For our first rotator
example, we'll take a news feed and scroll the headlines, along with an
excerpt of the article, into view one at a time. The stories will flow
into view, pause to be read, and then slide up and off the page as if
there were an infinite ribbon of information rolling over the page.
Setting up the page
At its most basic level, this
feature is not very difficult to implement. But as we will soon see,
making it production-ready requires a bit of finesse.
We begin, as usual, with a chunk of HTML. We'll place the news feed in the sidebar of the page:
<a href="news/index.html">News Releases</a>
So far, the content area of our news feed contains only a single link to the main news page.
The CSS for this<div>
is important as it will determine not only how much of each news item
will be shown at a time, but also where on the page the news items will
appear. Together with the style rule for the individual news items, the
CSS looks like this:
headline rotatorpage, setting upposition: relative;
Notice here that the height of both the individual news items (represented by the headline class) and their container is 200px. Also, since headline elements are absolutely positioned relative to #news-feed, we're able to line up the top of the news items with the bottom edge of their container. That way, when we set the property of #news-feed to hidden, the headlines are not displayed initially. overflow
Setting the position of the headlines to absolute is necessary for another reason as well: for any element to have its location animated on the page, it must have either or relative positioning, rather than the default static positioning. absolute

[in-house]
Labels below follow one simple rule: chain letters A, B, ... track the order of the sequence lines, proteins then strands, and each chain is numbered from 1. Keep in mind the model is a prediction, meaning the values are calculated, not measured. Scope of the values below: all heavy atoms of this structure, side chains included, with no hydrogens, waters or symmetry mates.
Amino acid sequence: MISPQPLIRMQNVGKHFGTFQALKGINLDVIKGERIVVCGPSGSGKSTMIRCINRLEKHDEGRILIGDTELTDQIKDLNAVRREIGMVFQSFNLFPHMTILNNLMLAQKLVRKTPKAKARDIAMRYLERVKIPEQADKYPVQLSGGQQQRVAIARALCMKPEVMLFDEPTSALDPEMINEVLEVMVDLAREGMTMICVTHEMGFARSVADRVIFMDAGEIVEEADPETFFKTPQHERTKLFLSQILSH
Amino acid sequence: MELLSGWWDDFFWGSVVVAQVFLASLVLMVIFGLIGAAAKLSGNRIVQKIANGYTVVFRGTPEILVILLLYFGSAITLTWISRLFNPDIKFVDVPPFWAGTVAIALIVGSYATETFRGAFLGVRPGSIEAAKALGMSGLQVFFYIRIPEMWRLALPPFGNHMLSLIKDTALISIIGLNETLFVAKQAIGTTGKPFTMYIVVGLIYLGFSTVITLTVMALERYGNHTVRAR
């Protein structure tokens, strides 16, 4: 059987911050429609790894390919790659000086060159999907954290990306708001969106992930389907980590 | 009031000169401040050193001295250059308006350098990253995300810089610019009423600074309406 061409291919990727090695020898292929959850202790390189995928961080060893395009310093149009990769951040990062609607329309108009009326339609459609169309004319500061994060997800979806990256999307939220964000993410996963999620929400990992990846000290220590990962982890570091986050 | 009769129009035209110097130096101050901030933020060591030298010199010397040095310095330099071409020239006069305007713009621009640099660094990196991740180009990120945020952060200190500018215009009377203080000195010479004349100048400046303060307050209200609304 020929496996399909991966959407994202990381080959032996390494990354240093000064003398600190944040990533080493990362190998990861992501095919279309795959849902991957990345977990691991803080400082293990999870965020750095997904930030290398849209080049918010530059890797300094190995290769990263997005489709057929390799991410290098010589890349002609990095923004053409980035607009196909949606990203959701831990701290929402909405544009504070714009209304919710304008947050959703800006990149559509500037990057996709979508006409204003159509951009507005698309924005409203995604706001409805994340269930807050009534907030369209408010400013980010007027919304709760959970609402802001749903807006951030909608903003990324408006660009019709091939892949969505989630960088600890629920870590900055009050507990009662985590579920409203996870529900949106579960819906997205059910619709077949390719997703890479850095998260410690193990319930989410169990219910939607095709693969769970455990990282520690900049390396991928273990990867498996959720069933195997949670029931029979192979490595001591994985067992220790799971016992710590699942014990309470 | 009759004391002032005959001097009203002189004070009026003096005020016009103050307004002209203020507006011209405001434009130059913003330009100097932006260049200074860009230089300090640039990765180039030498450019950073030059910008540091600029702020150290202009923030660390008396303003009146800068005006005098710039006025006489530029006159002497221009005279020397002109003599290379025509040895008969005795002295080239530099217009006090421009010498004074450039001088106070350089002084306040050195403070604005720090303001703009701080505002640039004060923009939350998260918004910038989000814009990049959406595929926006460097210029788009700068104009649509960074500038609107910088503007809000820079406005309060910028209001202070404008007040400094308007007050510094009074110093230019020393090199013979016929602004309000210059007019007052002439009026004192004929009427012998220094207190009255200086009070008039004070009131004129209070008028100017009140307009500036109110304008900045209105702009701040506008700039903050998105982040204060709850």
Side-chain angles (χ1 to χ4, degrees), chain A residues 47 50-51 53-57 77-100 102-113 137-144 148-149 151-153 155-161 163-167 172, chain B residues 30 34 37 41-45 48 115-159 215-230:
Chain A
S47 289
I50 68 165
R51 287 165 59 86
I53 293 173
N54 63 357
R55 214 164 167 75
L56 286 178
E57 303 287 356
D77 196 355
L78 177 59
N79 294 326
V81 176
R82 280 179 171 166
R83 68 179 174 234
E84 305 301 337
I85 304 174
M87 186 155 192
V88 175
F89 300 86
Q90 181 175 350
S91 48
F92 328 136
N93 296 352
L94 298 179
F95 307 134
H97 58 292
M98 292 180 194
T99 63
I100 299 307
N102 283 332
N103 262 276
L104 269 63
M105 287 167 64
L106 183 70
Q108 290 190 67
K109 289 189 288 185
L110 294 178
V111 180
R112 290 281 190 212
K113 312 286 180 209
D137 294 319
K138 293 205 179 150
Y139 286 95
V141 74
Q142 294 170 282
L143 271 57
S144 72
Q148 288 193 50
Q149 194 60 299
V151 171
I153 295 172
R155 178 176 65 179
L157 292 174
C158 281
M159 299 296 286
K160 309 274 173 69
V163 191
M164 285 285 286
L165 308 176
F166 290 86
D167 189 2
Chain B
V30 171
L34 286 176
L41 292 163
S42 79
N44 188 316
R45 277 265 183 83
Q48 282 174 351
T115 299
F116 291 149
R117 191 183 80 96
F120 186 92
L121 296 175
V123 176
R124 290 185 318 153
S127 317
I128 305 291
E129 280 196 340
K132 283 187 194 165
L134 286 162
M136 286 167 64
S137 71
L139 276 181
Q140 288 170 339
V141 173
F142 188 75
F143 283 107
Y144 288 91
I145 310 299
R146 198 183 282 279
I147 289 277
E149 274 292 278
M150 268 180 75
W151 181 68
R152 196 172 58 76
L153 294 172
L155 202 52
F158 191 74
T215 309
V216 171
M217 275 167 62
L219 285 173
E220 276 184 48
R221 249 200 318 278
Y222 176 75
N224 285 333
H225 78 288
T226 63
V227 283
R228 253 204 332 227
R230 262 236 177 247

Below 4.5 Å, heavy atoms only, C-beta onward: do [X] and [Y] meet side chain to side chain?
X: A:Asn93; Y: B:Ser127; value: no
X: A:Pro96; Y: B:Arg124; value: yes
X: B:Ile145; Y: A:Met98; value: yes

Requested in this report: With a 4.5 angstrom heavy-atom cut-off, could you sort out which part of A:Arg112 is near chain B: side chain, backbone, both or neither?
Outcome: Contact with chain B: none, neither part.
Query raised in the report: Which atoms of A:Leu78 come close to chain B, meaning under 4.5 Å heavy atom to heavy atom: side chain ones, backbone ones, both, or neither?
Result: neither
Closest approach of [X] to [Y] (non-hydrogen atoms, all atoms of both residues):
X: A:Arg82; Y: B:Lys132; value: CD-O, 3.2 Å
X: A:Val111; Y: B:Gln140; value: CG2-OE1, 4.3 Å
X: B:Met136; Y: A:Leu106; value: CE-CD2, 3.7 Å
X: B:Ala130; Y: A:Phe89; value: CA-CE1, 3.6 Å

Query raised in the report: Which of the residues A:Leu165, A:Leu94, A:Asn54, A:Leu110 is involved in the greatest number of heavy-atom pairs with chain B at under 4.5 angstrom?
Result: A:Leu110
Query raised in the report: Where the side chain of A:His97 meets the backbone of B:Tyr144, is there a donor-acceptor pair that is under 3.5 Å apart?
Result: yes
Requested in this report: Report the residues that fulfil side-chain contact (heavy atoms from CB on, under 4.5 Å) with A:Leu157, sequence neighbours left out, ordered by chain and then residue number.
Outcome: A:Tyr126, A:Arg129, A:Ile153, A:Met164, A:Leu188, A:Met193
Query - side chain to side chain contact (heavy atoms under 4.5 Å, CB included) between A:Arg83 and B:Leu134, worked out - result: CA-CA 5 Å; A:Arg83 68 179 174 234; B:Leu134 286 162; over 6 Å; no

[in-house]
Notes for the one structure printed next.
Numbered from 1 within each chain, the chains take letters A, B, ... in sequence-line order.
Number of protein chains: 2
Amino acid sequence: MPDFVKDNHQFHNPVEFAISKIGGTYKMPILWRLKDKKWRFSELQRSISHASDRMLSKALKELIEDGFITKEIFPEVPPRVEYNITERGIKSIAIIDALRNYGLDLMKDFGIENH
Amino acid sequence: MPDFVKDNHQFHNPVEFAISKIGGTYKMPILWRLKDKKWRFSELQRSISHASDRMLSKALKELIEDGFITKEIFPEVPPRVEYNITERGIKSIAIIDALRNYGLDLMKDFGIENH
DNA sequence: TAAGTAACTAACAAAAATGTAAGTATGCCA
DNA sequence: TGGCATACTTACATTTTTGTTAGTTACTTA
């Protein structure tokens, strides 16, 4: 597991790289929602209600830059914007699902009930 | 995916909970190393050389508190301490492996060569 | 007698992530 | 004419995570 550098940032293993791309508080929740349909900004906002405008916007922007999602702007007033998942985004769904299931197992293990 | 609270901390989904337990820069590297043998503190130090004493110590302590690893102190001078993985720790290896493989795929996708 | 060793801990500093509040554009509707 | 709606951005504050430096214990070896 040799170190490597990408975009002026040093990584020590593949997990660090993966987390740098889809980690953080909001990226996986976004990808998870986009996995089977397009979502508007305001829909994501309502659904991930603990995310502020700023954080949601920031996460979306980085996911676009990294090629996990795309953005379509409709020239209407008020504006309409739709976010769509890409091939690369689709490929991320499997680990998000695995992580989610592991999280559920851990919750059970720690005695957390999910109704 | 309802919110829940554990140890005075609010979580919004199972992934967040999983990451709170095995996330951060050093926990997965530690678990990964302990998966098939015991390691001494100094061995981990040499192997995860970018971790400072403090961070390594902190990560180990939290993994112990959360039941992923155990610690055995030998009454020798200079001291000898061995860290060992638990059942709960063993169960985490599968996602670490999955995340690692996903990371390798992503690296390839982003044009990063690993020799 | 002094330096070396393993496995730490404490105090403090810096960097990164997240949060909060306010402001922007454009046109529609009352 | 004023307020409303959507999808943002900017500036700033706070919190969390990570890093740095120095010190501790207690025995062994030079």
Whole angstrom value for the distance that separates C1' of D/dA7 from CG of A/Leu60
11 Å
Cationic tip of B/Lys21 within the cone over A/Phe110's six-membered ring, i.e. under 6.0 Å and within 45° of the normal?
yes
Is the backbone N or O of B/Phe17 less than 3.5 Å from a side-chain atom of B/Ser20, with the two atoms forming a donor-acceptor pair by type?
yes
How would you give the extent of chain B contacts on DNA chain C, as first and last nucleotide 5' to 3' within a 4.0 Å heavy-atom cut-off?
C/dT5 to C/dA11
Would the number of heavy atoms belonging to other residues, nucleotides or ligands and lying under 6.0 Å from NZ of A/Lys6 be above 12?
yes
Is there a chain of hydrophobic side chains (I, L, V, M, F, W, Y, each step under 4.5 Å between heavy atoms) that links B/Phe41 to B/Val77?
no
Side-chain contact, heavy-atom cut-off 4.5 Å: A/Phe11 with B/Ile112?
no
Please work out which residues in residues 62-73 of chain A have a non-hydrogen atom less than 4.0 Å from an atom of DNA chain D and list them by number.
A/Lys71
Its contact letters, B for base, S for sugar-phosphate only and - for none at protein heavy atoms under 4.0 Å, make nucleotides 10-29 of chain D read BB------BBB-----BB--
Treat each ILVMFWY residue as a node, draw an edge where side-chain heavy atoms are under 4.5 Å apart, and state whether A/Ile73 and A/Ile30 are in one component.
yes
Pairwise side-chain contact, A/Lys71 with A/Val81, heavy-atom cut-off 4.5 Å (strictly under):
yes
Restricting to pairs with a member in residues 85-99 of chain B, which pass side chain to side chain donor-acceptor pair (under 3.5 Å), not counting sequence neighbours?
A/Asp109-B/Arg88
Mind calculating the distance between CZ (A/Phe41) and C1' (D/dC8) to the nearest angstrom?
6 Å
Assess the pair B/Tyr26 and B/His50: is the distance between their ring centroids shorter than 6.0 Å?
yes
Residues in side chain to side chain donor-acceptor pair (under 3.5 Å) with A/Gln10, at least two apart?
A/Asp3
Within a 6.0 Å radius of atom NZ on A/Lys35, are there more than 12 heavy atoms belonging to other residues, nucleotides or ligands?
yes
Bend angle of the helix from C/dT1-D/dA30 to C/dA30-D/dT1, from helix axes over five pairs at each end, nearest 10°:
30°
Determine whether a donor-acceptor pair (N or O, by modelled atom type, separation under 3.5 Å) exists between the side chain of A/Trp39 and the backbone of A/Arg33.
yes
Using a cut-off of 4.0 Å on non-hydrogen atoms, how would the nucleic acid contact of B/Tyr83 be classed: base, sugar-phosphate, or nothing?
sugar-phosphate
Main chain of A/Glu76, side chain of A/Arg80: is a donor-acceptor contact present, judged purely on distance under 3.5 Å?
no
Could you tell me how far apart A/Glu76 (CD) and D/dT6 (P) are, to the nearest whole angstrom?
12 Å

Now that we have the HTML and CSS in place, we can inject the news items from an RSS feed. To start, we'll wrap the code in a .each() method, which will act as an if statement of sorts and contain the code inside a private namespace:
var $container = $(this);
Normally when we use the .each() method, we are iterating over a possibly large set of elements. Here, though, our selector #news-feed
is looking for an ID, so there are only two potential outcomes. The
factory function could make a jQuery object matching one unique element
with the news-feed ID, or it could find no elements on the page with that ID and produce an empty jQuery object. The .each() call takes care of executing the contained code if, and only if, the jQuery object is non-empty.
At the beginning of our .each() loop, the news feed container is emptied to make it ready for its new content.